My Black Country: A Journey Through Country Music's Black Past, Present, and Future

Songwriter, author, professor, and Black music historian Alice Randall spotlights the Black history of country music in her urgent, engaging memoir, My Black Country. Randall (Black Bottom Saints) celebrates the often-erased Black musicians who shaped the genre, including the "First Family of Black Country": Lil Hardin Armstrong, DeFord Bailey, Charley Pride, Herb Jeffries, and Ray Charles. Randall traces their collective influence and weaves together country music's Black history with her own story. Born in Detroit and later spirited away to D.C. by her unstable mother, she reflects on her journey of love, loss, motherhood, hard work, and the music (much of it country) that has helped her make sense of her life as a Black woman. Moving from Motown to Music City, from Quincy Jones's Bel Air mansion to nights at the Bluebird Café, Randall charts her career as a songwriter in Nashville, trumpets the accomplishments of Black musicians often overlooked or completely ignored by the genre's white stars, and calls on fans and institutions to give Black country the respect it deserves.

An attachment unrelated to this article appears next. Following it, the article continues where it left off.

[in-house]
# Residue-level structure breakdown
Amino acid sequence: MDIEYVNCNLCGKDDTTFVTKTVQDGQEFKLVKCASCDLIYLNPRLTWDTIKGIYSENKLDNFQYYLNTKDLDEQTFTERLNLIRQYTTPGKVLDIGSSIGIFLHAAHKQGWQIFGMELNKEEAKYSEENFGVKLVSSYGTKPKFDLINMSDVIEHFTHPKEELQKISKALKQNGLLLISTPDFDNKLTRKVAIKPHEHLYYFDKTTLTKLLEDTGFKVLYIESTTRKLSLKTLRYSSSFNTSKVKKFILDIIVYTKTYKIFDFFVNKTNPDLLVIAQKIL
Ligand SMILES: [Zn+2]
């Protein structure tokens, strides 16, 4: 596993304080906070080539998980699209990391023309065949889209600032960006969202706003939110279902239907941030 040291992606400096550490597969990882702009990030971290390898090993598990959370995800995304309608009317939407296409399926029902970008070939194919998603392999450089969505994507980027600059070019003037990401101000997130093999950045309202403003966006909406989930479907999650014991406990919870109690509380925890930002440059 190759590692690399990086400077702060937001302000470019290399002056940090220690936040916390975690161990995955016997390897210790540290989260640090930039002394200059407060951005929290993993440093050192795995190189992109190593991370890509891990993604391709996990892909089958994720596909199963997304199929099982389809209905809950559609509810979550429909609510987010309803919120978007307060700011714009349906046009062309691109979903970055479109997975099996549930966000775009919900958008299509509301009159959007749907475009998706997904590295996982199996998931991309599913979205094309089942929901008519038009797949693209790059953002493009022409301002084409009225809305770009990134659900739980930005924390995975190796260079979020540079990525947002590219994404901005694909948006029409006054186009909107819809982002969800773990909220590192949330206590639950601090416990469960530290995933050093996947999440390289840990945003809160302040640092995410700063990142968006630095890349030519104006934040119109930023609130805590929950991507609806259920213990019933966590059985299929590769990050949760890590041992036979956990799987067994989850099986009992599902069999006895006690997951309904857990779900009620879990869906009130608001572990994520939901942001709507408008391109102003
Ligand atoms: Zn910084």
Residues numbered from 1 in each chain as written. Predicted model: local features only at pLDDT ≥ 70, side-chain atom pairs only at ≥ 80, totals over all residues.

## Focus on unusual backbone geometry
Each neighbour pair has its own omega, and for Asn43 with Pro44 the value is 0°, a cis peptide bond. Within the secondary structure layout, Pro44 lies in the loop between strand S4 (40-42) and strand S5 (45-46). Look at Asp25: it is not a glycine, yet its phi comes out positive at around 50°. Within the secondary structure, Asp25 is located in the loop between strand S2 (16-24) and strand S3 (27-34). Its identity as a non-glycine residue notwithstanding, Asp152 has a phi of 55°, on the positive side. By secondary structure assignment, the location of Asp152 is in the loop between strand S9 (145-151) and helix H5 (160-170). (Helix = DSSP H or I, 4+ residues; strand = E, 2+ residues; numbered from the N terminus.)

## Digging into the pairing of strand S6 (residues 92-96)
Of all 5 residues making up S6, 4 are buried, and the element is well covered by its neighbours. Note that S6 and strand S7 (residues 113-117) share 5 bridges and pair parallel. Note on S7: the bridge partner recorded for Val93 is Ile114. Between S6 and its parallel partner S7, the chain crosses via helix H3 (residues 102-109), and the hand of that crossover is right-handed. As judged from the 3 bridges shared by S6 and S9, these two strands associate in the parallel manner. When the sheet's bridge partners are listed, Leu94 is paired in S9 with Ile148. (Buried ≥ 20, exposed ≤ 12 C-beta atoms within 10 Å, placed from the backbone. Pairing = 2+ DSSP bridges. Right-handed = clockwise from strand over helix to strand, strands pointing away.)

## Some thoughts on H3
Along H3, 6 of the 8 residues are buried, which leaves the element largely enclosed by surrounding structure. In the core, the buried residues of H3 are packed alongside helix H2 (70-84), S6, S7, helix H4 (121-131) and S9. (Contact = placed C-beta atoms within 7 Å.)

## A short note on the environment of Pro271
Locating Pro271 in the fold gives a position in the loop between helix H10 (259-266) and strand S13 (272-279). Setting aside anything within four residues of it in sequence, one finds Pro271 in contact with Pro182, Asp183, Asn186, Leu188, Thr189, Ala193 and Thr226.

Randall's memoir contains multitudes. She explores the historical roots of Black country; the influence of (among other things) singing cowboys, Pullman porters, and Los Angeles Black gospel; the women who served as mothers and midwives to the genre; and the Black musicians (Rhiannon Giddens, Lil Nas X, and more) shaping country music's present and future. Bold and unapologetic, Randall's book is a trailblazing tribute to the unsung heroes of Black country and a powerful story of a woman finding her way. --Katie Noah Gibson, blogger at Cakes, Tea and Dreams

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